Even though Daniel Churay is a veteran general counsel, he confesses he had to think long and hard before accepting an offer in 2002 to head the legal team at Overland Park, Kan.-based Yellow Roadway Corp.
Churay had served as general counsel at another public company only two years before, but much had changed. Sarbanes-Oxley, the public company accounting and reporting law, was on the books. Officers were facing increased scrutiny. Prosecutors were pursuing high-profile corporate chieftains. Quite simply, the general counsel job ain’t what it used to be.
“People are very cautious about accepting these positions,” says Churay. “General counsel and senior positions are still viewed as very good jobs, but people really want to know who is in the business team they are joining, what is the culture, what is the tone at the top, and will they be an integrated part of the team or be off on the sidelines.”
Frederick Krebs, president of the Association of Corporate Counsel in Washington, D.C., hears these types of comments more often. Even though Sarbanes-Oxley was enacted two years ago, many general counsel still are unsure of their responsibilities. The uncertainty is causing anxiety not seen before.
Nonetheless, Krebs says, lawyers are not shying from these positions. Ditto, says legal recruiter Martha Fay Africa. But, she says, lawyers who have never been in-house at a public company may not fully understand the challenges. She urges clients to explore the corporation to see what may await them.
Viet Le, associate general counsel of Phoenix-based Avnet Inc., admits that she did not fully comprehend how a legal department interacts with a company’s business units before she joined in 2001. Now, she says, she’d be asking a lot more questions if she were looking to join a different company.
For some attorneys, the challenge of figuring out the new rules and responsibilities of the public company’s legal team is the draw. Angela Williams is one. She left a firm this year to be vice president, deputy general counsel and chief compliance officer at Sears, Roebuck & Co. She did her due diligence to gain comfort with the ethics and integrity of Sears’ corporate officers and to ensure that she would have the authority and resources to do her job. But she saw the lingering uncertainty surrounding her role as a challenge.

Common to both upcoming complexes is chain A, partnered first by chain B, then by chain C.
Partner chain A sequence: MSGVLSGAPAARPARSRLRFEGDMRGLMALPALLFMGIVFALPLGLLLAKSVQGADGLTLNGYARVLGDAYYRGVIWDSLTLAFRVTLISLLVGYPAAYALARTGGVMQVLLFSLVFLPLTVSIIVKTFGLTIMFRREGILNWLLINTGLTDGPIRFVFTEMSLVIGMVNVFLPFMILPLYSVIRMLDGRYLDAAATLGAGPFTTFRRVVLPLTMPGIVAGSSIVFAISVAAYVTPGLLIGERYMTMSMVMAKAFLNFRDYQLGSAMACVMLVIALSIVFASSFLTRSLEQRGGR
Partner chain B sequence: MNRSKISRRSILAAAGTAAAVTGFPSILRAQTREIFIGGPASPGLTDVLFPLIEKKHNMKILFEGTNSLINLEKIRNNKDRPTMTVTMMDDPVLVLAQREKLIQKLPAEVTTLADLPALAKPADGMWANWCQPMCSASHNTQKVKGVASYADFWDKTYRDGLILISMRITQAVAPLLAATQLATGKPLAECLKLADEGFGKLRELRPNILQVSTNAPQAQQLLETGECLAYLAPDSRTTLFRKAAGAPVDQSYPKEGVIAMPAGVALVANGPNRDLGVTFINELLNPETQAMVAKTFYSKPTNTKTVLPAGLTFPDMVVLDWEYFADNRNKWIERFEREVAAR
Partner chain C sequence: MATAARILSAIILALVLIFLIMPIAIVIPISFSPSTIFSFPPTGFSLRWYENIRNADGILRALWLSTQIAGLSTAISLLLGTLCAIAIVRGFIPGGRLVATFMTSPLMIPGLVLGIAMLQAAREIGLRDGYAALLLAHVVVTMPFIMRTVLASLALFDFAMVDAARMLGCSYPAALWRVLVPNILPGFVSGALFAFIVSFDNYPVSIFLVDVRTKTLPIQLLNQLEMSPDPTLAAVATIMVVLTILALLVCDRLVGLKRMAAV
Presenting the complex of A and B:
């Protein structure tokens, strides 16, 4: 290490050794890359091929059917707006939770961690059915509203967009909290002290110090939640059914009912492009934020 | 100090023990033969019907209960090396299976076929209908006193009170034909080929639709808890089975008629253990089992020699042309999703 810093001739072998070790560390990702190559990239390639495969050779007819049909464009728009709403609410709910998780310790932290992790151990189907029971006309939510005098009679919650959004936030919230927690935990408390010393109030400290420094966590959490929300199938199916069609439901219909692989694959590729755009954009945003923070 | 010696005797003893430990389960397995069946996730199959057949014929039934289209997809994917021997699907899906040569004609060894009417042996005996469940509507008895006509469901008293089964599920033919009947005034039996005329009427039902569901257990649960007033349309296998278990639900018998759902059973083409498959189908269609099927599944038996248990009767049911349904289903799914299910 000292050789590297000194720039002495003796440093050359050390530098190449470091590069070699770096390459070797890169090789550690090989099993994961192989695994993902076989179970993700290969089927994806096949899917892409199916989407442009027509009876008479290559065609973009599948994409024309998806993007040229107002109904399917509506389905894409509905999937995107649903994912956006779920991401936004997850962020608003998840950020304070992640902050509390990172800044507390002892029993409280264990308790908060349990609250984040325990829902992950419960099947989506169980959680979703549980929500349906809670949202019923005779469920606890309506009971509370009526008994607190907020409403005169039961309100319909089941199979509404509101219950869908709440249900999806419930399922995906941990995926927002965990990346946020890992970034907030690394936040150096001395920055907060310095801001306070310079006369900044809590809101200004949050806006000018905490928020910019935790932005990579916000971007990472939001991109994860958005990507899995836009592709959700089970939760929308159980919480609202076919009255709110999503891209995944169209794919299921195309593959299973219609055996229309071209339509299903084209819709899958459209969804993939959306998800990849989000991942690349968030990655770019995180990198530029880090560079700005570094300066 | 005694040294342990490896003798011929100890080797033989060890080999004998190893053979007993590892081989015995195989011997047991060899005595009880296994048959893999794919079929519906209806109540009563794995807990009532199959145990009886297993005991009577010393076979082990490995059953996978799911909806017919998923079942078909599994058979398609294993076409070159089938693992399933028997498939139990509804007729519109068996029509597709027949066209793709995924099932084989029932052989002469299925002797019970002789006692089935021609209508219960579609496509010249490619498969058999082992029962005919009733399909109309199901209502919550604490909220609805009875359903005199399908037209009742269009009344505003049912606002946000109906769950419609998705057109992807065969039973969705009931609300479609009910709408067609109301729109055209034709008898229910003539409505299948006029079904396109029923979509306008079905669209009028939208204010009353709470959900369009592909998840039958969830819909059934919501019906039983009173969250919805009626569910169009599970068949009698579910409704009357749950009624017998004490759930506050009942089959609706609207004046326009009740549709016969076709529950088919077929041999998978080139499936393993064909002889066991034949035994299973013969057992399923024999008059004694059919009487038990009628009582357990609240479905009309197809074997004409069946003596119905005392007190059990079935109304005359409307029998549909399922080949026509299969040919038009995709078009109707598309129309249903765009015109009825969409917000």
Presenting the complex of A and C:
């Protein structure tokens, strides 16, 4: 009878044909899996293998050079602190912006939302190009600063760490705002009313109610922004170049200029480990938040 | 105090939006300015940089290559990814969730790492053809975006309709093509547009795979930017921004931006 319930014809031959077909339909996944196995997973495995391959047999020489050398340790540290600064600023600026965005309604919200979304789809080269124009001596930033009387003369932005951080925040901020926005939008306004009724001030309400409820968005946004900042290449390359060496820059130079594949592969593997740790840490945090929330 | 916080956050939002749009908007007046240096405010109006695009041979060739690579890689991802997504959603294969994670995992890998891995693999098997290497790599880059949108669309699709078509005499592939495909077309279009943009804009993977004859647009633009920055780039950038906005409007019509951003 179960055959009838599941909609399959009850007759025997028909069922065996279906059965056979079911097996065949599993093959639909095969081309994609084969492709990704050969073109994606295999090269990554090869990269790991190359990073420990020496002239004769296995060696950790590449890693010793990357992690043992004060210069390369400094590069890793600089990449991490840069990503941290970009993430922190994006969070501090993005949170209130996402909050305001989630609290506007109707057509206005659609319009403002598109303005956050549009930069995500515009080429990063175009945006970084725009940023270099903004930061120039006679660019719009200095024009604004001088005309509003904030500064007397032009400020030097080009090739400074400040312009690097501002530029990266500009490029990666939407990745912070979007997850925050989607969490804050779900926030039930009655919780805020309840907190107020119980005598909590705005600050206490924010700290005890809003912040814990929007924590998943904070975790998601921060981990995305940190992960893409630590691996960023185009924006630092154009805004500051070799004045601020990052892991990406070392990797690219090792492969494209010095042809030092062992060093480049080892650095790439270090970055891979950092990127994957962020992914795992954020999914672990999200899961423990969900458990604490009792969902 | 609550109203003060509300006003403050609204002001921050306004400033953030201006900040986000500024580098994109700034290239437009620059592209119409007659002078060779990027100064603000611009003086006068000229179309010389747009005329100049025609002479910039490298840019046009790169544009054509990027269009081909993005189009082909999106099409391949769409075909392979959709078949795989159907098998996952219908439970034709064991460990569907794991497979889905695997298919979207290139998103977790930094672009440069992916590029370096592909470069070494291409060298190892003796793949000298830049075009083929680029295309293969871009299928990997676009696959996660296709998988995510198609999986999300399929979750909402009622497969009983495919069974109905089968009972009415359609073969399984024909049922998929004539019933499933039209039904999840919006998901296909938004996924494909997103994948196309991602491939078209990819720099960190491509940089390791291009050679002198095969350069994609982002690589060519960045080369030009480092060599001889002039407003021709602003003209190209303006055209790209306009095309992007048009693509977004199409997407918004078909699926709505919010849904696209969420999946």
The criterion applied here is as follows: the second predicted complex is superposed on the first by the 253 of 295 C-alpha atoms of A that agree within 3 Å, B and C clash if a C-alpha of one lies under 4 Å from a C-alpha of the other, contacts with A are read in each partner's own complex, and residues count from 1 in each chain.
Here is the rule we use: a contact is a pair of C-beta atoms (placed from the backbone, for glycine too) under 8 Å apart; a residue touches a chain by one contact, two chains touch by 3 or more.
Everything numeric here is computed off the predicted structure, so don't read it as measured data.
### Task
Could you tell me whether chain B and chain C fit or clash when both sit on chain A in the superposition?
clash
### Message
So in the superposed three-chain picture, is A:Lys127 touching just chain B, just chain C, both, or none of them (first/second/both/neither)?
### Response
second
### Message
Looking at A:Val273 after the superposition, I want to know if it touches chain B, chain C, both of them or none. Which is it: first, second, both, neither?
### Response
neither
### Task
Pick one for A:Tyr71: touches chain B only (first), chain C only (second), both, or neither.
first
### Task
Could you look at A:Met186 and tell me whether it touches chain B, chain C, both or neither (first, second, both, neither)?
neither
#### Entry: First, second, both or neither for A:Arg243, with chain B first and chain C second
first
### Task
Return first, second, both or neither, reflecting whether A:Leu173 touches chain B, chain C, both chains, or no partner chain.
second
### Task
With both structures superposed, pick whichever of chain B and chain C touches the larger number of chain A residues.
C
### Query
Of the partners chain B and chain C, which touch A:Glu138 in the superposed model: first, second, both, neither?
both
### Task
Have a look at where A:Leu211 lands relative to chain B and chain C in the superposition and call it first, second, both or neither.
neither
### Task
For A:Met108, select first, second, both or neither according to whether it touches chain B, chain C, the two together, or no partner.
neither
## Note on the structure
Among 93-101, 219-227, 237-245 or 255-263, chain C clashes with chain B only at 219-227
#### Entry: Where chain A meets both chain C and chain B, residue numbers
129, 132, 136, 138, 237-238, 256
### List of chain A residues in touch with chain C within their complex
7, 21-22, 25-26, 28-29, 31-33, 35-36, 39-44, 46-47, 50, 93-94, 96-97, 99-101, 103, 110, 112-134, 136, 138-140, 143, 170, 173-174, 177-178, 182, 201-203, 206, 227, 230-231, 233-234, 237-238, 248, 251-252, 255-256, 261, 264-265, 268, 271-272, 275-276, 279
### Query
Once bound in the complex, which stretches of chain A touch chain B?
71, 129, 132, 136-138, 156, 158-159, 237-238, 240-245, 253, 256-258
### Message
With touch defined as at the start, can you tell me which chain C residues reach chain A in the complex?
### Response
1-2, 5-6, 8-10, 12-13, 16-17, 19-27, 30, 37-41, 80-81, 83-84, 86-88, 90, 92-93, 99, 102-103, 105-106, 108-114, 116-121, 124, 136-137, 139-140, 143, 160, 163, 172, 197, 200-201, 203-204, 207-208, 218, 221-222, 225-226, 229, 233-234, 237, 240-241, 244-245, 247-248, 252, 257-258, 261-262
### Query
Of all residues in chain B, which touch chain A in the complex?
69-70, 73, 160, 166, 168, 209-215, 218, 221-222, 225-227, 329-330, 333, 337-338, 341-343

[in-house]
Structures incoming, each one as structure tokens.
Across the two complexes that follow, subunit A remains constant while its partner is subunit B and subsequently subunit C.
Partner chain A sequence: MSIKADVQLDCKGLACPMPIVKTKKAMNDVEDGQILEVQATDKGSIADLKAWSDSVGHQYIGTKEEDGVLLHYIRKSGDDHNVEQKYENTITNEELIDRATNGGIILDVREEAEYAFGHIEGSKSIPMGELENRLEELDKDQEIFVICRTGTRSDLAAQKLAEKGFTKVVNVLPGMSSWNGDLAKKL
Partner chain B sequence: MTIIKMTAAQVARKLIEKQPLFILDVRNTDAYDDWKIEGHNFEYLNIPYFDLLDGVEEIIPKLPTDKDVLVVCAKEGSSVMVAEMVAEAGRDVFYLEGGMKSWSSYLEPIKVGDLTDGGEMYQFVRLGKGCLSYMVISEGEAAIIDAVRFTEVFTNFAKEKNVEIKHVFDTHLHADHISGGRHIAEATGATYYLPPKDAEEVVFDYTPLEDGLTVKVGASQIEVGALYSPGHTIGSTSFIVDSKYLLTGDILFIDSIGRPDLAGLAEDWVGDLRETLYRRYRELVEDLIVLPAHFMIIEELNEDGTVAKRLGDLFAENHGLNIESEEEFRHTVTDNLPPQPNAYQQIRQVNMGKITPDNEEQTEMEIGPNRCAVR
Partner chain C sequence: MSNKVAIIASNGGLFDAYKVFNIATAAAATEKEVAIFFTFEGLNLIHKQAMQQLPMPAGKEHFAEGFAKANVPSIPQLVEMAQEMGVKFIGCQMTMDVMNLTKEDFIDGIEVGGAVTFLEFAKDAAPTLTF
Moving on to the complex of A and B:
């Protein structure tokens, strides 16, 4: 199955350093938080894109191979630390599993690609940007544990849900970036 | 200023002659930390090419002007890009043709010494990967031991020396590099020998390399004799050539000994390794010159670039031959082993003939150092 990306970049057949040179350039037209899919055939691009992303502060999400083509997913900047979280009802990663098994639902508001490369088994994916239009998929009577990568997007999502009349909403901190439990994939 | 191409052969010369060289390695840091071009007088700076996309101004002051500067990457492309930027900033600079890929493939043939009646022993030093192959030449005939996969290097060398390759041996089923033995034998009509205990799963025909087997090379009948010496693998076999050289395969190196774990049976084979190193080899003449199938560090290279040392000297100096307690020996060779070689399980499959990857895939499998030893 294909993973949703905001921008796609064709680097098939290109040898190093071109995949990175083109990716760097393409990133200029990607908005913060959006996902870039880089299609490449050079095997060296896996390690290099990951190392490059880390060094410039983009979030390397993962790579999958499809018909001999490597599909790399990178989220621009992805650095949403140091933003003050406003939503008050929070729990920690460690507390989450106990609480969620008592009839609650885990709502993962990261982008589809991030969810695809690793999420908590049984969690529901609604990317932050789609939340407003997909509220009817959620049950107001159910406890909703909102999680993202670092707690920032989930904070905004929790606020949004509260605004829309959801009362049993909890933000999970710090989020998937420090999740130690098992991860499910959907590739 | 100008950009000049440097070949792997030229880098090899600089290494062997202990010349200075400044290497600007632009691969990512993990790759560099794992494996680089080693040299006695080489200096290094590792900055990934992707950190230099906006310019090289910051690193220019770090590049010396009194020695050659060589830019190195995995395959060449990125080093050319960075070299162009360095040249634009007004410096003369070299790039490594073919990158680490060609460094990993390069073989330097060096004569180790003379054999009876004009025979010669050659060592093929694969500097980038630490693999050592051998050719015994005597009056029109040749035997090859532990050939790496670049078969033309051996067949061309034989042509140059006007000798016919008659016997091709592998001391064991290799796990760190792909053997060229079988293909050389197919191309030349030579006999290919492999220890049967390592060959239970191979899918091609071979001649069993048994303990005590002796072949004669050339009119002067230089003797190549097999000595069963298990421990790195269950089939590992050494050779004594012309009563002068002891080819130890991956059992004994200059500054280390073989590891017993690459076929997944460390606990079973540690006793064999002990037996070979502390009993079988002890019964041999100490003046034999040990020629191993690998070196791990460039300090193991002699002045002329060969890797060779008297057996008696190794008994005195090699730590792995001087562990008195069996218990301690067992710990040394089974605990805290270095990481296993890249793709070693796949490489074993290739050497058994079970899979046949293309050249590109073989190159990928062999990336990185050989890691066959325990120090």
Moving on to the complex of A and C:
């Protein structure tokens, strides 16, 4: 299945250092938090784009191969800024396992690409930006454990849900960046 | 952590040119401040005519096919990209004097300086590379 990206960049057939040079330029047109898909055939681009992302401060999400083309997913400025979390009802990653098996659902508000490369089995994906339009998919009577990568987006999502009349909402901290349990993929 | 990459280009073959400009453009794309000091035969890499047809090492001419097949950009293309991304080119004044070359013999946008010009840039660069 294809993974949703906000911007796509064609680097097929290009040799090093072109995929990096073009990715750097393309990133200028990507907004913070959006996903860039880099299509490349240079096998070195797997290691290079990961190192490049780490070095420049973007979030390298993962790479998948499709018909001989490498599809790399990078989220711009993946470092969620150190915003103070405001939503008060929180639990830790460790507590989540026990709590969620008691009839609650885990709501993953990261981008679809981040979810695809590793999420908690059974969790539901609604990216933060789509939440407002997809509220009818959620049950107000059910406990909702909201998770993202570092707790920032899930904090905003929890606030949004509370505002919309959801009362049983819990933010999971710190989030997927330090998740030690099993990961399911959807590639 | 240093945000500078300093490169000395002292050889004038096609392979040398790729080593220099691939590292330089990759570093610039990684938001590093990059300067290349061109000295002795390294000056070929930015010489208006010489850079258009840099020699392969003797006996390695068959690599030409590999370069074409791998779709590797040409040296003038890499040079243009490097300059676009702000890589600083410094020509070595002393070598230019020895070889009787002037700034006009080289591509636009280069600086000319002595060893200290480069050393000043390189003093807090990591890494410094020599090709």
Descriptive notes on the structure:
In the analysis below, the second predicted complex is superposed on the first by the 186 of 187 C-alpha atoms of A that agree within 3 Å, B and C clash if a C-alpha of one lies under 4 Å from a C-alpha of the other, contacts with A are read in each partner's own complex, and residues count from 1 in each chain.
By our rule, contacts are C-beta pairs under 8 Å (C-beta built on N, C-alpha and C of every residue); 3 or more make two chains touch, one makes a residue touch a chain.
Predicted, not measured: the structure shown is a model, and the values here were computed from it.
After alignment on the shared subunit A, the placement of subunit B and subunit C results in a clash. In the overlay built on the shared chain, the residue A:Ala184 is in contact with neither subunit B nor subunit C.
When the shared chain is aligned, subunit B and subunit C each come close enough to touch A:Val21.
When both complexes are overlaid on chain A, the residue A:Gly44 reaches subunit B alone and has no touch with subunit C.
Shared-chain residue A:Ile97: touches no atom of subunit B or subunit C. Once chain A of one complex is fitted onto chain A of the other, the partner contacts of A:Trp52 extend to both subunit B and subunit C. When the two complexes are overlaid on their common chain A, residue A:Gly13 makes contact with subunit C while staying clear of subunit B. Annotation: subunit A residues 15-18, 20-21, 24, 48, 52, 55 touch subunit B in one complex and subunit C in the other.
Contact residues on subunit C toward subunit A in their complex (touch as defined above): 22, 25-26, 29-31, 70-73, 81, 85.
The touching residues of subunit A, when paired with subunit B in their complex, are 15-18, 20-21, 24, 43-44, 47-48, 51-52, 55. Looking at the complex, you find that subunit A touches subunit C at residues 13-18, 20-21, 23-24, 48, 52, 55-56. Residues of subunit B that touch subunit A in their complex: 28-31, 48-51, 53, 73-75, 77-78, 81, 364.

“I thought it was a wonderful opportunity to work with an organization,” Williams says, “and help embed compliance in a company.”
When Chicago attorney Stephen Beard joined Heidrick & Struggles, an executive search firm, last year as assistant general counsel, the new burdens of working in a publicly held company were not a concern. Since then, he devotes significant time to corporate compliance. “There are challenges related to Sarbanes, but it is important to view those challenges as an opportunity to add value to management. If you do not look at it that way, then the burdens might trouble you.”
While Africa and Krebs see no decrease in the number of lawyers wanting to go in-house, corporations may be feeling the need to compensate lawyers for their additional troubles. A recent survey of 100 public companies by Corporate Counsel magazine reports the total compensation of general counsels rose 6 percent in 2003 over 2002.
Beard says any lawyer considering an in-house job needs to do some homework. He says lawyers need to focus more on how the legal department is run and the top management’s philosophy on corporate governance. “How does management view the requirements of Sarbanes-Oxley? Do they view it as helpful or as more of a burden?”
Despite the changes, Le has no hesitation about staying in-house. Like many other lawyers who have transitioned into the general counsel’s office, she says there is only one thing worse than the strict requirements of Sarbanes-Oxley: going back to a law firm.